COVID-19 ‘Breach Bubble’ Waiting to Pop?

Credit to Author: BrianKrebs| Date: Tue, 30 Jun 2020 15:00:48 +0000

The COVID-19 pandemic has made it harder for banks to trace the source of payment card data stolen from smaller, hacked online merchants. On the plus side, months of quarantine have massively decreased demand for account information that thieves buy and use to create physical counterfeit credit cards. But fraud experts say recent developments suggest both trends are about to change — and likely for the worse.

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How Cybercriminals are Weathering COVID-19

Credit to Author: BrianKrebs| Date: Thu, 30 Apr 2020 18:20:57 +0000

In many ways, the COVID-19 pandemic has been a boon to cybercriminals: With unprecedented numbers of people working from home and anxious for news about the virus outbreak, it’s hard to imagine a more target-rich environment for phishers, scammers and malware purveyors. In addition, many crooks are finding the outbreak has helped them better market their cybercriminal wares and services. But it’s not all good news: The Coronavirus also has driven up costs and disrupted key supply lines for many cybercriminals.

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Would You Have Fallen for This Phone Scam?

Credit to Author: BrianKrebs| Date: Tue, 28 Apr 2020 20:55:32 +0000

You may have heard that today’s phone fraudsters like to use use caller ID spoofing services to make their scam calls seem more believable. But you probably didn’t know that your bank may be making it super easy for thieves to impersonate the bank, by giving away information about recent transactions on your account via automated, phone-based customer support systems.

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Wawa Breach May Have Compromised More Than 30 Million Payment Cards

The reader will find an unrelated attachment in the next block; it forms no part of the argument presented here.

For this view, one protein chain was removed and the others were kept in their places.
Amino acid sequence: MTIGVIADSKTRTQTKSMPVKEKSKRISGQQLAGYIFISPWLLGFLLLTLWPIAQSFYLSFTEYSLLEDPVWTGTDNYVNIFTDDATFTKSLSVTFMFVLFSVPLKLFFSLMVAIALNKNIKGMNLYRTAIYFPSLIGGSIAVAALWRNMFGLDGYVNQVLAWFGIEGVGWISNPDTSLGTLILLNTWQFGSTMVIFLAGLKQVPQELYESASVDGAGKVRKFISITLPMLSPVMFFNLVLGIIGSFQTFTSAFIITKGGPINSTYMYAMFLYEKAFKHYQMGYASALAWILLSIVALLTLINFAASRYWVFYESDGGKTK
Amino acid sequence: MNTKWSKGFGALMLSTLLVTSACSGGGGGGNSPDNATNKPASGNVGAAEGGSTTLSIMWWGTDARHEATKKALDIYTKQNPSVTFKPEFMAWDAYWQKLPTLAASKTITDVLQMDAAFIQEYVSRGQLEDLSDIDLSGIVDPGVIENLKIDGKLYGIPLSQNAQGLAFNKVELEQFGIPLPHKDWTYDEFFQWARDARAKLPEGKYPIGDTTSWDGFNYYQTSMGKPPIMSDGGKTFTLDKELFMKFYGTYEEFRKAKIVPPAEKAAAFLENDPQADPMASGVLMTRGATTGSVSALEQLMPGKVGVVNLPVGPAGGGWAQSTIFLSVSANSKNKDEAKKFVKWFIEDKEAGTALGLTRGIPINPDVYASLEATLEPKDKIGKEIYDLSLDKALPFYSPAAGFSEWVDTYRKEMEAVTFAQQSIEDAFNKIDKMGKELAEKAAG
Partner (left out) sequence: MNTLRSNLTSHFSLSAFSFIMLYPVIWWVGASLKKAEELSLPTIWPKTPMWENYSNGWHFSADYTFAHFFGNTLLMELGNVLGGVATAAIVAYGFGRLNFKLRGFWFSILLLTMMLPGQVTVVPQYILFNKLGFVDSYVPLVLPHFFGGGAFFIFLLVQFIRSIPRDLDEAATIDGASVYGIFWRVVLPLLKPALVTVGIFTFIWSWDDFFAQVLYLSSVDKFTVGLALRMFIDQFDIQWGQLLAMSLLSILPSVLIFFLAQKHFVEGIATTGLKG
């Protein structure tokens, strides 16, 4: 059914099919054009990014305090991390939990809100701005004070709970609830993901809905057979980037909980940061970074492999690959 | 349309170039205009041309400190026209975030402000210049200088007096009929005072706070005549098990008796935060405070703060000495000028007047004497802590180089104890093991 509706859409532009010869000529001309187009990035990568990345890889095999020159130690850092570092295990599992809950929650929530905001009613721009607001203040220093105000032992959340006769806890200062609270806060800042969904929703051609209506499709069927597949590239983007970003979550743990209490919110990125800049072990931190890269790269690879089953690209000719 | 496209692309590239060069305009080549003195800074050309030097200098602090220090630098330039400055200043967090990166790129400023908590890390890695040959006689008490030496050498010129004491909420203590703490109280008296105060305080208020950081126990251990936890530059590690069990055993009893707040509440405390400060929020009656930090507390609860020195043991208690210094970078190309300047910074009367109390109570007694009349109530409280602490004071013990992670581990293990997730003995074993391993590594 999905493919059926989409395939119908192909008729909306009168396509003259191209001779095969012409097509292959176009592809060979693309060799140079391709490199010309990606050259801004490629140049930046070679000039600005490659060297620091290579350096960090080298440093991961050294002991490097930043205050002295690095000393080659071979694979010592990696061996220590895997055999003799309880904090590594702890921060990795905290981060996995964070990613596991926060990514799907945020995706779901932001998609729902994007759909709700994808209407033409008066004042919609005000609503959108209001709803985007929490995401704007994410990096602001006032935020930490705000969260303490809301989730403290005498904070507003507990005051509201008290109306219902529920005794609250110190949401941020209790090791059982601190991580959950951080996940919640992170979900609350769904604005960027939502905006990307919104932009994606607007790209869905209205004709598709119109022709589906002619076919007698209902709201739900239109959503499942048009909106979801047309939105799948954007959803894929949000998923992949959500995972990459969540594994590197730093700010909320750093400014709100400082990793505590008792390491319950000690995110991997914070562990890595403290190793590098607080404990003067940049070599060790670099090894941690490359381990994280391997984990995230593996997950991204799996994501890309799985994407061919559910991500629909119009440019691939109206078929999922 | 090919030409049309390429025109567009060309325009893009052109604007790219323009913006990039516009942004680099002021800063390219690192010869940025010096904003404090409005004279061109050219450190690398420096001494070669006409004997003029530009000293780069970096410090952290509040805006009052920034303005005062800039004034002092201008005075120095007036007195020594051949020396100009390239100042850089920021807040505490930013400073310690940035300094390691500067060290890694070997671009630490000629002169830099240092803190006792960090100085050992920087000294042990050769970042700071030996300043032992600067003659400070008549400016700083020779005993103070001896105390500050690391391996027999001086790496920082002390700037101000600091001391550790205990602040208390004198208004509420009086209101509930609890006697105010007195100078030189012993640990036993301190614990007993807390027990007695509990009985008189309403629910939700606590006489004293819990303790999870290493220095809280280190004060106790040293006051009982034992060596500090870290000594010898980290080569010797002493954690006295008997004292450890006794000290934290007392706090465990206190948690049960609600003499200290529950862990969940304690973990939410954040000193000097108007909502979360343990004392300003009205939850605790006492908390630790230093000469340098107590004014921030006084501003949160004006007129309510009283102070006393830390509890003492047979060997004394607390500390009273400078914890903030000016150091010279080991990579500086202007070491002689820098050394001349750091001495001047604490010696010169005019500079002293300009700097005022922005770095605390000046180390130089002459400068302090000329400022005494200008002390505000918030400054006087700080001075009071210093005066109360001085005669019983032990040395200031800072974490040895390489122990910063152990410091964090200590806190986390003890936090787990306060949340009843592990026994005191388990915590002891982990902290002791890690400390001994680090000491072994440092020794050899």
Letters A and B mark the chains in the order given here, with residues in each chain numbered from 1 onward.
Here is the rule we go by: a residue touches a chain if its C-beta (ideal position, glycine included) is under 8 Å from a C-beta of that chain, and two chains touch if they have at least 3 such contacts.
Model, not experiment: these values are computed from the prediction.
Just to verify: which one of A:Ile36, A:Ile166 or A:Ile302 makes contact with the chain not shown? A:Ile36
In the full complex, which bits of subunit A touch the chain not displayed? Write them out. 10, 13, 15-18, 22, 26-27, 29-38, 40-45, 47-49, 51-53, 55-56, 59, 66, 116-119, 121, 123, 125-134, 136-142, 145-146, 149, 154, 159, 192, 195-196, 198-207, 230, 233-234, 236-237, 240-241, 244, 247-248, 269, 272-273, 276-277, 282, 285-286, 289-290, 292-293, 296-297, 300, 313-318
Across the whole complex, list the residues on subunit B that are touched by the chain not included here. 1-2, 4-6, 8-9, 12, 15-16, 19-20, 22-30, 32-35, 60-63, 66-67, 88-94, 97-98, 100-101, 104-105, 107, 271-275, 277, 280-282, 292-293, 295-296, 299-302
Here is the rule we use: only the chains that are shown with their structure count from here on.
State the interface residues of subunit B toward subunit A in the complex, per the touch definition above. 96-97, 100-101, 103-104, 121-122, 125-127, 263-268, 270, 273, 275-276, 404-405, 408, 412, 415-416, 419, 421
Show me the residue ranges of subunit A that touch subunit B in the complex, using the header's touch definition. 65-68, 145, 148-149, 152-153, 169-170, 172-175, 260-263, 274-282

Credit to Author: BrianKrebs| Date: Tue, 28 Jan 2020 20:12:16 +0000

In late December 2019, fuel and convenience store chain Wawa Inc. said a nine-month-long breach of its payment card processing systems may have led to the theft of card data from customers who visited any of its 850 locations nationwide. Now, fraud experts say the first batch of card data stolen from Wawa customers is being sold at one of the underground’s most popular crime shops, which claims to have 30 million records to peddle from a new nationwide breach.

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Sale of 4 Million Stolen Cards Tied to Breaches at 4 Restaurant Chains

Credit to Author: BrianKrebs| Date: Tue, 26 Nov 2019 13:32:21 +0000

On Nov. 23, one of the cybercrime underground’s largest bazaars for buying and selling stolen payment card data announced the immediate availability of some four million freshly-hacked debit and credit cards. KrebsOnSecurity has learned this latest batch of cards was siphoned from four different compromised restaurant chains that are most prevalent across the midwest and eastern United States.

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Takeaways from the $566M BriansClub Breach

Credit to Author: BrianKrebs| Date: Tue, 29 Oct 2019 21:47:58 +0000

Reporting on the exposure of some 26 million stolen credit cards leaked from a top underground cybercrime store highlighted some persistent and hard truths. Most notably, that the world’s largest financial institutions tend to have a much better idea of which merchants and bank cards have been breached than do the thousands of smaller banks and credit unions across the United States. Also, a great deal of cybercrime seems to be perpetrated by a relatively small number of people.

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“BriansClub” Hack Rescues 26M Stolen Cards

Credit to Author: BrianKrebs| Date: Tue, 15 Oct 2019 11:05:09 +0000

“BriansClub,” a popular underground store for buying stolen credit card data that uses Yours Truly’s likeness in its advertising, has itself been hacked. The data stolen from BriansClub encompasses more than 26 million credit and debit card records taken from hacked online and brick-and-mortar retailers over the past four years, including almost eight million records uploaded to the shop in 2019 alone.

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Data: E-Retail Hacks More Lucrative Than Ever

Credit to Author: BrianKrebs| Date: Tue, 30 Apr 2019 20:13:03 +0000

For many years and until quite recently, credit card data stolen from online merchants has been worth far less in the cybercrime underground than cards pilfered from hacked brick-and-mortar stores. But new data suggests that over the past year, the economics of supply-and-demand have helped to double the average price fetched by card-not-present data, meaning cybercrooks now have far more incentive than ever to target e-commerce stores.

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